Top Issues Facing Victoria
As we close on November’s election, the issues of most concern to Victorians’ have remained largely unchanged for some time. Anxiety around ‘Healthcare’ continues to lead the way, a few lengths ahead of the peloton; a pack that includes relative newcomer but now mainstay ‘Unemployment’, ‘Crime’, ‘Cost of Living’ and our (uniquely Victorian) worries around ‘Transport’.
When the Liberal-National Coalition took office in November 2010, just eight percent of Victorians cited ‘Unemployment’ as one of the top three issues facing our state. It was the 13th most important issue and barely rated a mention from Messrs Brumby and Ballieu in the lead up to the poll. This reflected an unemployment rate that was only a shade over five percent, had been below six percent for the best part of ten years with workforce participation was on a slow continuous incline. Sensibly, the focus was elsewhere.
Fast forward four years and ‘Unemployment’ is now the second most important issue facing the state. Our unemployment rate is bordering on seven percent (6.8%) for the first time in fifteen years and workplace participation has contracted to levels not seen since the early 1990s. Clearly, this change in fortunes has presented challenges for the Coalition during its first term.
We have written before about issue-link. Issue-link occurs when discrete policy is announced as a vehicle to address multiple issues of acute concern. As observed in earlier editions, the Coalition’s ability to issue-link their game-changing Protective Services Officer (PSO) policy from 2010 addressed two of the greatest concerns of the day: ‘Crime’ and ‘Transport’. It proved a winner.
The challenge for both major parties will be to find credible means to issue-link their programs, policies and election promises with concerns around ‘Unemployment’.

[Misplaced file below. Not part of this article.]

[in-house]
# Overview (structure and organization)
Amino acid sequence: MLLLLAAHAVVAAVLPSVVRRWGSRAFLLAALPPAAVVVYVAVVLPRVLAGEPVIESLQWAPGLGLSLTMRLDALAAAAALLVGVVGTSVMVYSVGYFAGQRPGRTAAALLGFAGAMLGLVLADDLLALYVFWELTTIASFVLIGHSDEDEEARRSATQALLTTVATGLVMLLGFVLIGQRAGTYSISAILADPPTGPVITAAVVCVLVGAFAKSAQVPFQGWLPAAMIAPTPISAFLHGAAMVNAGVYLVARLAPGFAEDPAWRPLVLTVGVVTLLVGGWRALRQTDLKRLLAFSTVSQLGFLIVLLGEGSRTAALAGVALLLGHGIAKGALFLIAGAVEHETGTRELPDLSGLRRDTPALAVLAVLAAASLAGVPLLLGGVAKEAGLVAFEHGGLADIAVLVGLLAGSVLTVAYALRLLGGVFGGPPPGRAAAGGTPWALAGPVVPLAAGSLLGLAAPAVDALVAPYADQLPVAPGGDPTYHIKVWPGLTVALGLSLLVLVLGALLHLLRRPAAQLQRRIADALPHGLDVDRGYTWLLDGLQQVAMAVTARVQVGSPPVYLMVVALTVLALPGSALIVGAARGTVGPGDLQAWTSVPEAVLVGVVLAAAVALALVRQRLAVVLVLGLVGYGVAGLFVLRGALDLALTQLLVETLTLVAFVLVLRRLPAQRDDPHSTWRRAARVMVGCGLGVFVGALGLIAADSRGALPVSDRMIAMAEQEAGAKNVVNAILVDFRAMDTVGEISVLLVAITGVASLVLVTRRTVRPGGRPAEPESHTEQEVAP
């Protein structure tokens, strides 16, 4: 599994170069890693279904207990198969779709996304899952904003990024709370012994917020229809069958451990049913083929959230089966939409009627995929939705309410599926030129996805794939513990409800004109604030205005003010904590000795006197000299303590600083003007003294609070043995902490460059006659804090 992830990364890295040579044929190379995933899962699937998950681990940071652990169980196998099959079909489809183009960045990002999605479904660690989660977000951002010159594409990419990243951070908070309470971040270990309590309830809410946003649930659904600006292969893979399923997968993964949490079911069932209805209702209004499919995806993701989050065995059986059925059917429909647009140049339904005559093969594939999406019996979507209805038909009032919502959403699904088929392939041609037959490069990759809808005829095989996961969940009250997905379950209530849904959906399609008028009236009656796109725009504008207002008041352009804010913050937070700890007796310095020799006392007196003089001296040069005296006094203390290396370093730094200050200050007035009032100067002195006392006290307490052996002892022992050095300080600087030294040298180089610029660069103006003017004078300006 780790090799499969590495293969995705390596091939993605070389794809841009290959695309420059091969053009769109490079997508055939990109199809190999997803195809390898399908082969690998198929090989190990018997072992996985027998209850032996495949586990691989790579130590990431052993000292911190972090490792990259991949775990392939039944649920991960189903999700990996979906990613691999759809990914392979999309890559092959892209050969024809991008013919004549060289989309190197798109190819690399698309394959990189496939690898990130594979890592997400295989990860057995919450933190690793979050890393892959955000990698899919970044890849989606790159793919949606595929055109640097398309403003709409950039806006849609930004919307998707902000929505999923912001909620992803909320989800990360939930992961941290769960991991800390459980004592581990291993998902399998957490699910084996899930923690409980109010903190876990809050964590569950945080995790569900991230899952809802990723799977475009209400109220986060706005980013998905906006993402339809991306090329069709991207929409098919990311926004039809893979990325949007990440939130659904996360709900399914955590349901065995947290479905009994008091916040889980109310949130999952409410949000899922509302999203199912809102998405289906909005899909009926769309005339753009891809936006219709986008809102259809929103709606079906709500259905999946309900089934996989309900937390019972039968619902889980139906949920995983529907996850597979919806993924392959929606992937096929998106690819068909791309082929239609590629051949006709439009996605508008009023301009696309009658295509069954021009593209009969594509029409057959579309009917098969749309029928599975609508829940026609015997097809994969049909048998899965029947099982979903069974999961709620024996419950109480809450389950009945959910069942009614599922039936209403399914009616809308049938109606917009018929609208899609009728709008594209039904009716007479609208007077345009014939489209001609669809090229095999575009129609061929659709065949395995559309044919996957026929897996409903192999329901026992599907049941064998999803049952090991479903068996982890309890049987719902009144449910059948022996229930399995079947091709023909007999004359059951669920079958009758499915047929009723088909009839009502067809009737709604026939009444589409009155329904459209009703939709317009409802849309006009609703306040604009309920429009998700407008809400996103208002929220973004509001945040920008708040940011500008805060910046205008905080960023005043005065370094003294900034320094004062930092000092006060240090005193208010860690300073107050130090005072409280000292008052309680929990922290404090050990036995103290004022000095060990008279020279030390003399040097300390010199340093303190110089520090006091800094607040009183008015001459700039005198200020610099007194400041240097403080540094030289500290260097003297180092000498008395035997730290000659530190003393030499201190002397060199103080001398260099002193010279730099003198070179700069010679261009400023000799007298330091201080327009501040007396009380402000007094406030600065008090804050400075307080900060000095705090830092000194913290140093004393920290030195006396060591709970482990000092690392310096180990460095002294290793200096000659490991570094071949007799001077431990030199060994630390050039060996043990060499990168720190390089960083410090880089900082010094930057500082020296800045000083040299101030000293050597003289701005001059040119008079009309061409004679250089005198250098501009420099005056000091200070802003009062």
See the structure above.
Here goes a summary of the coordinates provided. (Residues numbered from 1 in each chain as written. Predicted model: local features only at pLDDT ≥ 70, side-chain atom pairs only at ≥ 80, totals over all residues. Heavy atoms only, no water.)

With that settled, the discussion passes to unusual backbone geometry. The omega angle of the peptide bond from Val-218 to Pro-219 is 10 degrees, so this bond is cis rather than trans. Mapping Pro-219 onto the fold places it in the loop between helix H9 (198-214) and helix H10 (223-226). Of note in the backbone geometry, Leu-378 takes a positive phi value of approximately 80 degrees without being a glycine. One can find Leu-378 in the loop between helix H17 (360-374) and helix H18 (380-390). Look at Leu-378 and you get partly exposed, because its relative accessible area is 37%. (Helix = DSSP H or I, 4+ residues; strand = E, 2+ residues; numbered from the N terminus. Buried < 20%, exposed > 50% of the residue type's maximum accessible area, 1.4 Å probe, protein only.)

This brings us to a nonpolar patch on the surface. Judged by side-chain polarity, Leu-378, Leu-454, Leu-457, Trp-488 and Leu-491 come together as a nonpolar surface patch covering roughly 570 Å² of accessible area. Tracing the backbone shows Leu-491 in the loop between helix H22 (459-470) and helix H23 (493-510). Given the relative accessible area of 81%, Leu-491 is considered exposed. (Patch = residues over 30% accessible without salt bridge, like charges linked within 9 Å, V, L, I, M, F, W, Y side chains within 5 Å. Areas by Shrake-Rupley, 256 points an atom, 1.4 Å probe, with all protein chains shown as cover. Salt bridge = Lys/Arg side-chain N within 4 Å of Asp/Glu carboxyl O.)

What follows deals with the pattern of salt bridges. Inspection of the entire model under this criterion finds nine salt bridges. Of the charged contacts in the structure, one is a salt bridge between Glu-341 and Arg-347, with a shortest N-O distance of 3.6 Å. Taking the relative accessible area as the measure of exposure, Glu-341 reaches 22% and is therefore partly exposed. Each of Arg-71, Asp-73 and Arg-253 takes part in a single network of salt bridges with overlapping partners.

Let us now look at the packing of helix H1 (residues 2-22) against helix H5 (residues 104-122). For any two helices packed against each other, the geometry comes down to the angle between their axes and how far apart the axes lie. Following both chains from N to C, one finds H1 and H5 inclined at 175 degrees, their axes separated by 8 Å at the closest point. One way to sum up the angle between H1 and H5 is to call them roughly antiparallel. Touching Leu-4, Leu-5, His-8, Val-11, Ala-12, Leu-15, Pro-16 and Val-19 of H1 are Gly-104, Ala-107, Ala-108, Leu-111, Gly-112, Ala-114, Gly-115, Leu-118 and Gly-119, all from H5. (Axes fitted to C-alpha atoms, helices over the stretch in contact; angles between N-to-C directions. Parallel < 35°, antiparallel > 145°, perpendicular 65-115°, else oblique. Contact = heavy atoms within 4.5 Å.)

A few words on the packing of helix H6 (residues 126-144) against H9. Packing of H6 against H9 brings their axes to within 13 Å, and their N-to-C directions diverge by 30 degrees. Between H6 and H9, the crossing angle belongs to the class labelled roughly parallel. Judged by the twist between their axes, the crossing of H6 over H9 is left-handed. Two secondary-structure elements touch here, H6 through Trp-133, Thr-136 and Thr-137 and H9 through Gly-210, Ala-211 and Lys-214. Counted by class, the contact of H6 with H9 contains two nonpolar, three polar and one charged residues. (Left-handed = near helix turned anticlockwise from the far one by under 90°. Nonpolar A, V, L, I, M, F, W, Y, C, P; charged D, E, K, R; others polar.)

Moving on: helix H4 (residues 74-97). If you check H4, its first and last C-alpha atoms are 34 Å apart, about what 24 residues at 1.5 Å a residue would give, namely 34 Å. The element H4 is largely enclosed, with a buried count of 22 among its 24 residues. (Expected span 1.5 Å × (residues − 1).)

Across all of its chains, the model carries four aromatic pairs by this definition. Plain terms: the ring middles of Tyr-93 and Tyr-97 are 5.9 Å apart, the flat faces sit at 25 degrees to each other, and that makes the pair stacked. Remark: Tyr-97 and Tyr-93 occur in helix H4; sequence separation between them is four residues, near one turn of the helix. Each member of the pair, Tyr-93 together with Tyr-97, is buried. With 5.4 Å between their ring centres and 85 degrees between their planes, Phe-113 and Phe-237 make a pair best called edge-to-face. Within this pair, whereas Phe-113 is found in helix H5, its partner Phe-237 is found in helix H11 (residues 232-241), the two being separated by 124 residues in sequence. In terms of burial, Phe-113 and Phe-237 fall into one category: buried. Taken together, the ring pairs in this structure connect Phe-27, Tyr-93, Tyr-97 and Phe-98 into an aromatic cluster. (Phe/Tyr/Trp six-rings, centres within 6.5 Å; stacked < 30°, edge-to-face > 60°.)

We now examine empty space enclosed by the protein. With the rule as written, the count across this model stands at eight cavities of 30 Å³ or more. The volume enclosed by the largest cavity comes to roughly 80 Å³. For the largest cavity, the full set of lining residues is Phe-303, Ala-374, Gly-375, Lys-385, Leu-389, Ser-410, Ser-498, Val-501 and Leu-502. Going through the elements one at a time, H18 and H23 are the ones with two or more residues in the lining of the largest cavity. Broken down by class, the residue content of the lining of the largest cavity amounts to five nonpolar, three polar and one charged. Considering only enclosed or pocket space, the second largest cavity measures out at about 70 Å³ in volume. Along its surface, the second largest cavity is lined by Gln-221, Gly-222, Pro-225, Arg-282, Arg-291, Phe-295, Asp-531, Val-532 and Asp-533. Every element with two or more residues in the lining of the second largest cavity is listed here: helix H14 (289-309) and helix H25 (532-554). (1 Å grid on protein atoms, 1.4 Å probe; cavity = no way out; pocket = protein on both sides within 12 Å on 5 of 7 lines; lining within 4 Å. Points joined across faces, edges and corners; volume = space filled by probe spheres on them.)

Both parties are taking mature and distinct infrastructure agendas to this election. The Coalition framed their May budget with an infrastructure program and self-described ‘jobs bonanza’ – rewarding Victorians for three years of conservative fiscal management by promising to deliver the Airport Rail Link, Melbourne Rail Link and the western section of the East-West Link. The ALP has pressed their alternative: Project 10,000, a plan to remove Victoria’s 50 worst railway crossings and create 10,000 jobs in the process.
More recently, the ALP advised that if elected they would not deliver the approved eastern section of East-West Link. A contentious move, given the project has been awarded and would otherwise proceed to construction in 2015.
Nationally, Australians are more likely to have confidence in the ALP to manage ‘Unemployment’ relative to the Coalition. The ALP is considered more ‘worker-friendly’ and this should present a natural advantage to Daniel Andrews given current concerns around unemployment. In saying this, Mr Andrews’ bold decision to halt delivery at five minutes to midnight could have Victorians questioning just how worker-friendly he really is.
While the outcome is unknown, you can be sure that jobs will be the hottest political topic in Victoria over the next two months.
Last updated October 2014